Efficacy of selected chemicals and electron beam irradiation for destroying Escherichia coli 0157:H7 and Salmonella on cantaloupe skin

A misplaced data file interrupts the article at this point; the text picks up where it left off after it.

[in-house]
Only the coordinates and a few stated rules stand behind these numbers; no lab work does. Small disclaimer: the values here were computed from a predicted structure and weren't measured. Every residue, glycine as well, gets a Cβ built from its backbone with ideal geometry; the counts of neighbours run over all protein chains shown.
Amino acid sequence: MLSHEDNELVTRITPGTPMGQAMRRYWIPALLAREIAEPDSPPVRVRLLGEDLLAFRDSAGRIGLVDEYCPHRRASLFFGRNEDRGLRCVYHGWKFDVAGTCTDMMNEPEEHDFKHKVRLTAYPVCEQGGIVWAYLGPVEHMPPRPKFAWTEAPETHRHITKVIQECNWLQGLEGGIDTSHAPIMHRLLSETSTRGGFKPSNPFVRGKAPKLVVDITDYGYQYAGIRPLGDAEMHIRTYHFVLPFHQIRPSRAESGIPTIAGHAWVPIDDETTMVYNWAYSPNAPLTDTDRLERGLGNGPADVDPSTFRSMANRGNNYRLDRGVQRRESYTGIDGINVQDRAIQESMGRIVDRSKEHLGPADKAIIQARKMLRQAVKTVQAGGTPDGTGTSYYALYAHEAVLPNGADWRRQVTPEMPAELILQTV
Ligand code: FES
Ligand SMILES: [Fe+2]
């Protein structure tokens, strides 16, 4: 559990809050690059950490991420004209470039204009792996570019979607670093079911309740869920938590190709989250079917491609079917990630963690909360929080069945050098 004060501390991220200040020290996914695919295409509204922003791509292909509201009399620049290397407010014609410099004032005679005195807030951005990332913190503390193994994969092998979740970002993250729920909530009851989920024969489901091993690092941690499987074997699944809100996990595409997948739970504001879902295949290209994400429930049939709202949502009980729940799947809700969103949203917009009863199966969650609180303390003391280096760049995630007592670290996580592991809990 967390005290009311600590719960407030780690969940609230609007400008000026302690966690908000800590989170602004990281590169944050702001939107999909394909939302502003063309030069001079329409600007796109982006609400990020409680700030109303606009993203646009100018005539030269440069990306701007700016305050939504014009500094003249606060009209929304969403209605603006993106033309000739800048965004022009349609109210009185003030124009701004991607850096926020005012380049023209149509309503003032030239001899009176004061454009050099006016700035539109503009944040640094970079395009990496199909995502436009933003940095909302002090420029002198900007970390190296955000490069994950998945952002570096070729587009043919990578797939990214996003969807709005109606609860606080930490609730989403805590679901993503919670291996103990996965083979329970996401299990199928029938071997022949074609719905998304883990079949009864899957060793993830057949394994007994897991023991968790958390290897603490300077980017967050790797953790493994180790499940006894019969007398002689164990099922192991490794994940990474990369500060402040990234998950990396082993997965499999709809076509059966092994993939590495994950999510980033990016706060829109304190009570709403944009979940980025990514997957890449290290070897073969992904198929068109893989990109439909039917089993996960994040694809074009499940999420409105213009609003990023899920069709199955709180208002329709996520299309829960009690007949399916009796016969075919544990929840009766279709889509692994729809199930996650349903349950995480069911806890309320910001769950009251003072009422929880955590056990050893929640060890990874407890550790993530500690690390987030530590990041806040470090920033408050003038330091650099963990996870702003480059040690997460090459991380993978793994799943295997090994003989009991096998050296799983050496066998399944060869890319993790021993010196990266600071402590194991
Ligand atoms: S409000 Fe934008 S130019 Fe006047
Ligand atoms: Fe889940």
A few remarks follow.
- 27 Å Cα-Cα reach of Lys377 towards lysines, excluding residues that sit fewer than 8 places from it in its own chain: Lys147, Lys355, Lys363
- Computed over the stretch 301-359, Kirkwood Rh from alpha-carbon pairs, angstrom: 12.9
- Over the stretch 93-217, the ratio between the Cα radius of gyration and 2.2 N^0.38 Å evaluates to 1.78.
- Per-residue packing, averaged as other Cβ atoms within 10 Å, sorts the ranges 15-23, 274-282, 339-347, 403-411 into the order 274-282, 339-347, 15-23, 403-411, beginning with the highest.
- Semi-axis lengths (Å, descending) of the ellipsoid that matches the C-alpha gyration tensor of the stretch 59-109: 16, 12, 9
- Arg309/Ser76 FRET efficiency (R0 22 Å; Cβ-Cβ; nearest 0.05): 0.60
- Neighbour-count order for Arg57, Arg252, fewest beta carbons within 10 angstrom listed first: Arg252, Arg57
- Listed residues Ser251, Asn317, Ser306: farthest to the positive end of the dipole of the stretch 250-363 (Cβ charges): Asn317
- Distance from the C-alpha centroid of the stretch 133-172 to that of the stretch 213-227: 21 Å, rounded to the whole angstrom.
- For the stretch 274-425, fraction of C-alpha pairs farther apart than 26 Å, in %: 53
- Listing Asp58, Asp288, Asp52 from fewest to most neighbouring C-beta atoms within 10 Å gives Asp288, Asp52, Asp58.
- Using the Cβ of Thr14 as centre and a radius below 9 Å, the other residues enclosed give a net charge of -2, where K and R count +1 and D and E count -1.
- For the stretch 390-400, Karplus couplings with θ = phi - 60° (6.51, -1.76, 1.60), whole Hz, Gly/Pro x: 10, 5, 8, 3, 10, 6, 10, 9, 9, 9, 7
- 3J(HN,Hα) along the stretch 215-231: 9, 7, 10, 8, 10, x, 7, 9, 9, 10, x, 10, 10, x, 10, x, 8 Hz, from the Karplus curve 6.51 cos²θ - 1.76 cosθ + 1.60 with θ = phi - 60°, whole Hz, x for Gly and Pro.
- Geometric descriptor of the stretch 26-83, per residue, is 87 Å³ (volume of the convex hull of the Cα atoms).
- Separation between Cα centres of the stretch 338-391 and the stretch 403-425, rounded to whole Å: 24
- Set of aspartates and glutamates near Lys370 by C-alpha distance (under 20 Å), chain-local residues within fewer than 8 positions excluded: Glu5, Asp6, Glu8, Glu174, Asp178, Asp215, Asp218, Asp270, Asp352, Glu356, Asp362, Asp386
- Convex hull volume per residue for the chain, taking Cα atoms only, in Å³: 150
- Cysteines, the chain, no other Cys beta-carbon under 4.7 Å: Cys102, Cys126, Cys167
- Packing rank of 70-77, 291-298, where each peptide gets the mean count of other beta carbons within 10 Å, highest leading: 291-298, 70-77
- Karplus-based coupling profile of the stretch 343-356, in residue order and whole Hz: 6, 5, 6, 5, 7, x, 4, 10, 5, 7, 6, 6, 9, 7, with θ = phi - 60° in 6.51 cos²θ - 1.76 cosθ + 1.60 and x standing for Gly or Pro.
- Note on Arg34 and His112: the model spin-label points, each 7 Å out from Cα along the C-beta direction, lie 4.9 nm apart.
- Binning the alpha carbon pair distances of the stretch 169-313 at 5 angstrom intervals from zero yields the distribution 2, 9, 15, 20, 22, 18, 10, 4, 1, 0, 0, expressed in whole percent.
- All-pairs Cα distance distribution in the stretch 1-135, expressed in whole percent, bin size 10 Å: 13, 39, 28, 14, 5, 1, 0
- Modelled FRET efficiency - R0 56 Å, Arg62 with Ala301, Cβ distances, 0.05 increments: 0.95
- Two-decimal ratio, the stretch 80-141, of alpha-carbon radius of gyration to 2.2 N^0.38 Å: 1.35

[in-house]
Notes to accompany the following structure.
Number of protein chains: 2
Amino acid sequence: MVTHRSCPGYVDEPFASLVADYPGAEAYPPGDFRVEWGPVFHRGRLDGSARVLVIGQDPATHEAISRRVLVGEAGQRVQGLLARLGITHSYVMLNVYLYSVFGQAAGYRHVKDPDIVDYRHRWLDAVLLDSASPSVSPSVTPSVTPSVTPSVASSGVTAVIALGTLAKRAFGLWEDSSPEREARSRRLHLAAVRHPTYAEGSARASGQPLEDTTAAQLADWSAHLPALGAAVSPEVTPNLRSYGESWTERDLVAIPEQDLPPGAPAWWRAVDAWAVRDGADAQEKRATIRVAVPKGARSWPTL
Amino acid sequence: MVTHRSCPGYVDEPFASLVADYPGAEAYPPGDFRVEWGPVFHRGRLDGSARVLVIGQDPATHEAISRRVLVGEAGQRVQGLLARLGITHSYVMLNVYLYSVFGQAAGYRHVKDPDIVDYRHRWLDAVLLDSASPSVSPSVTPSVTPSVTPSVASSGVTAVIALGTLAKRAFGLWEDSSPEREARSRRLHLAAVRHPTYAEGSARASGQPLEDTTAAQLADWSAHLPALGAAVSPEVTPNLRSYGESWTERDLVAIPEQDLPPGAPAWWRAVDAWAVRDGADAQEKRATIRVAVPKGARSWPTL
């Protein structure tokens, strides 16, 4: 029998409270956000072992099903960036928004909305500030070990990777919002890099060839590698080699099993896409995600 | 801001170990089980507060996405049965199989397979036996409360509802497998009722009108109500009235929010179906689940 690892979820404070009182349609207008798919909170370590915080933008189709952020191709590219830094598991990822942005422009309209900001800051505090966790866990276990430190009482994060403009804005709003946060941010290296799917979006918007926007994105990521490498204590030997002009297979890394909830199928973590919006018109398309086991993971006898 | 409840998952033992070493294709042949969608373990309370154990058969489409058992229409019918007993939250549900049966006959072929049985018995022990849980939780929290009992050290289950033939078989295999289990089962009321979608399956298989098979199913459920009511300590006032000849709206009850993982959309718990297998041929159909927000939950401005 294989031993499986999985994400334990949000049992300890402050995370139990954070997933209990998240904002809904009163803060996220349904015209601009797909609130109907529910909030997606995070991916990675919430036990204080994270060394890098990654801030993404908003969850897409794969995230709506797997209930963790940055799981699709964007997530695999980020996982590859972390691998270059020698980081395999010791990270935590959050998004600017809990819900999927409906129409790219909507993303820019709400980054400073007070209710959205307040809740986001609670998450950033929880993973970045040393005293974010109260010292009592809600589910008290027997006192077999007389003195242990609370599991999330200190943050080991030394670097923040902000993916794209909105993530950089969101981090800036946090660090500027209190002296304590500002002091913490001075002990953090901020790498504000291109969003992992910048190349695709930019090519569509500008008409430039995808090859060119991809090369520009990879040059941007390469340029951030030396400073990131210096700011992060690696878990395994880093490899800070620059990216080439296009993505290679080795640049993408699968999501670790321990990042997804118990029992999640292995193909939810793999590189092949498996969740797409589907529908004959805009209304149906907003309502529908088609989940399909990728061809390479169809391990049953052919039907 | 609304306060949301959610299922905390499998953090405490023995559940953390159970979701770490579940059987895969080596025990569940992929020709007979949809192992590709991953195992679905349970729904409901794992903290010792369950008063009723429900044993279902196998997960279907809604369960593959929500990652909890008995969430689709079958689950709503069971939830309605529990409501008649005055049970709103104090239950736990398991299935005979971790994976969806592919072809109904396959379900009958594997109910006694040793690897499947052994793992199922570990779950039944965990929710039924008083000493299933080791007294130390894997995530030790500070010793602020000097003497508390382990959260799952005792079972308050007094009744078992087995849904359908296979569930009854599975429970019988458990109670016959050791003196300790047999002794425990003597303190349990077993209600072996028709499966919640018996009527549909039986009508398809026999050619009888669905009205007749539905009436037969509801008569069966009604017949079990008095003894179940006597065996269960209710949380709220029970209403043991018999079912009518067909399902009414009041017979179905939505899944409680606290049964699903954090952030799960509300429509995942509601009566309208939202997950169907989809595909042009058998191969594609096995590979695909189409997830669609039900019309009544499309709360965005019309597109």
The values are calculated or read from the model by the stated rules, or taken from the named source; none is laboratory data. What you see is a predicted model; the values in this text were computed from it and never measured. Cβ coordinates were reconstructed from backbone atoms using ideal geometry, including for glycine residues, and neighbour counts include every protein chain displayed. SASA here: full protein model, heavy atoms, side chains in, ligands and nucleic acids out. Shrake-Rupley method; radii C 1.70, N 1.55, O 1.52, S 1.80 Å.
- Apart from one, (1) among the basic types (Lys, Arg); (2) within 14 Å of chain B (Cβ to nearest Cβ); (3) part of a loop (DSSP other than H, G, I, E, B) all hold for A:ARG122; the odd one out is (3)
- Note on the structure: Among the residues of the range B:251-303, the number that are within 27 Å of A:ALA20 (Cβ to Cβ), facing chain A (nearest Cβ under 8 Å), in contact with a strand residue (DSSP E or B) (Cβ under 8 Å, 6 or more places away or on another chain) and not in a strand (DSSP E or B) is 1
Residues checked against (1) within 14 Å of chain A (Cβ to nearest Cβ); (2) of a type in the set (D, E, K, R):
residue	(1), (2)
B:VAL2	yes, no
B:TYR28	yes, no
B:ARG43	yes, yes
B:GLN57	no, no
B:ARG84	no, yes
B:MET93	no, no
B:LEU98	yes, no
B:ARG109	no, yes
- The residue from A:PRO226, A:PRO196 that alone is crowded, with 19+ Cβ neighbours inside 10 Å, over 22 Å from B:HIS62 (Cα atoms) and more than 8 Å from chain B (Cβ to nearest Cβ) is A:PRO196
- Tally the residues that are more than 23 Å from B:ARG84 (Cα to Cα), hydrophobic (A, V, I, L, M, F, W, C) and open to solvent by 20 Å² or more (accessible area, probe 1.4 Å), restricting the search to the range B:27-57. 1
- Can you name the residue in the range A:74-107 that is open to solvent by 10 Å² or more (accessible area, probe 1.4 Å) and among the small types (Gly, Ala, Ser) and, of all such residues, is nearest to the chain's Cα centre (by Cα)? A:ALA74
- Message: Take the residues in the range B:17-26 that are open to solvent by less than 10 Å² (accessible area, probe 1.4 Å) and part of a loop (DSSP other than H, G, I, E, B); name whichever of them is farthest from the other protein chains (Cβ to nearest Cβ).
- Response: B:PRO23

This study evaluated the efficacy of citric acid (1, 2, or 3% CA) alone or combined with hydrogen peroxide (5% HP), sodium lauryl sulfate (1% SLS), and irradiation for destroying Escherichia coli 0157:H7 and Salmonella spp. on the outer rind surface of cantaloupe. Cantaloupe rinds were cut into 2.5 cm2 pieces and inoculated with either a five strain mixture of nalidixic acid resistant Salmonella spp. or E. coli to give [difference] 107 CFU/ rind. Inoculated rinds were dipped for 2.0 min in 500 ml of water (control) or sanitizer solutions at 230C. Samples treated with combinations of HP + SLS alone or combined with 1% CA were irradiated at 0.0, 0.5, and 1.0 kGy. Non-irradiated and irradiated cantaloupe rinds were homogenized in buffered peptone water (100 ml). Samples of homogenate were serially diluted and plated into Bismuth Sulfite agar and MacConkey Sorbitol agar, both containing nalidixic acid. All inoculated agar plates were incubated at 350C for 48 h. Salmonella and E. coli survivors were enumerated following incubation and expressed as log CFU/ rind. Compared to the water dipped control, exposure of rinds to 5% HP reduced populations of Salmonella and E. coli by 2.7 and 2.83 log CFU/rind, respectively. A combination of 5% HP and 1% SLS decreased populations of Salmonella and E. coli by 3.37 and 2.98 log. Further reductions were achieved by combining 5% HP and 1% CA with 1% SLS; populations of Salmonella and E. coli decreased by 3.9 and 4.0 log, respectively. Combination of 0.5 kGy irradiation with a chemical solution of HP, SLS and CA reduced the numbers by 4.5 and 5.48 log, for Salmonella and E. coli respectively. Irradiation of 1.0 kGy in combination with HP, SLS and CA reduced the population of Salmonella by 5.67 log CFU/rind and by more than 7 log CFU/rind for E. coli. Based on these results, the combined use of acidified HP with an anionic surfactant (SLS) and irradiation has good potential for improving the microbial safety of cantaloupe melons. Further research is needed to determine the effects of these interventions on quality characteristics of melons.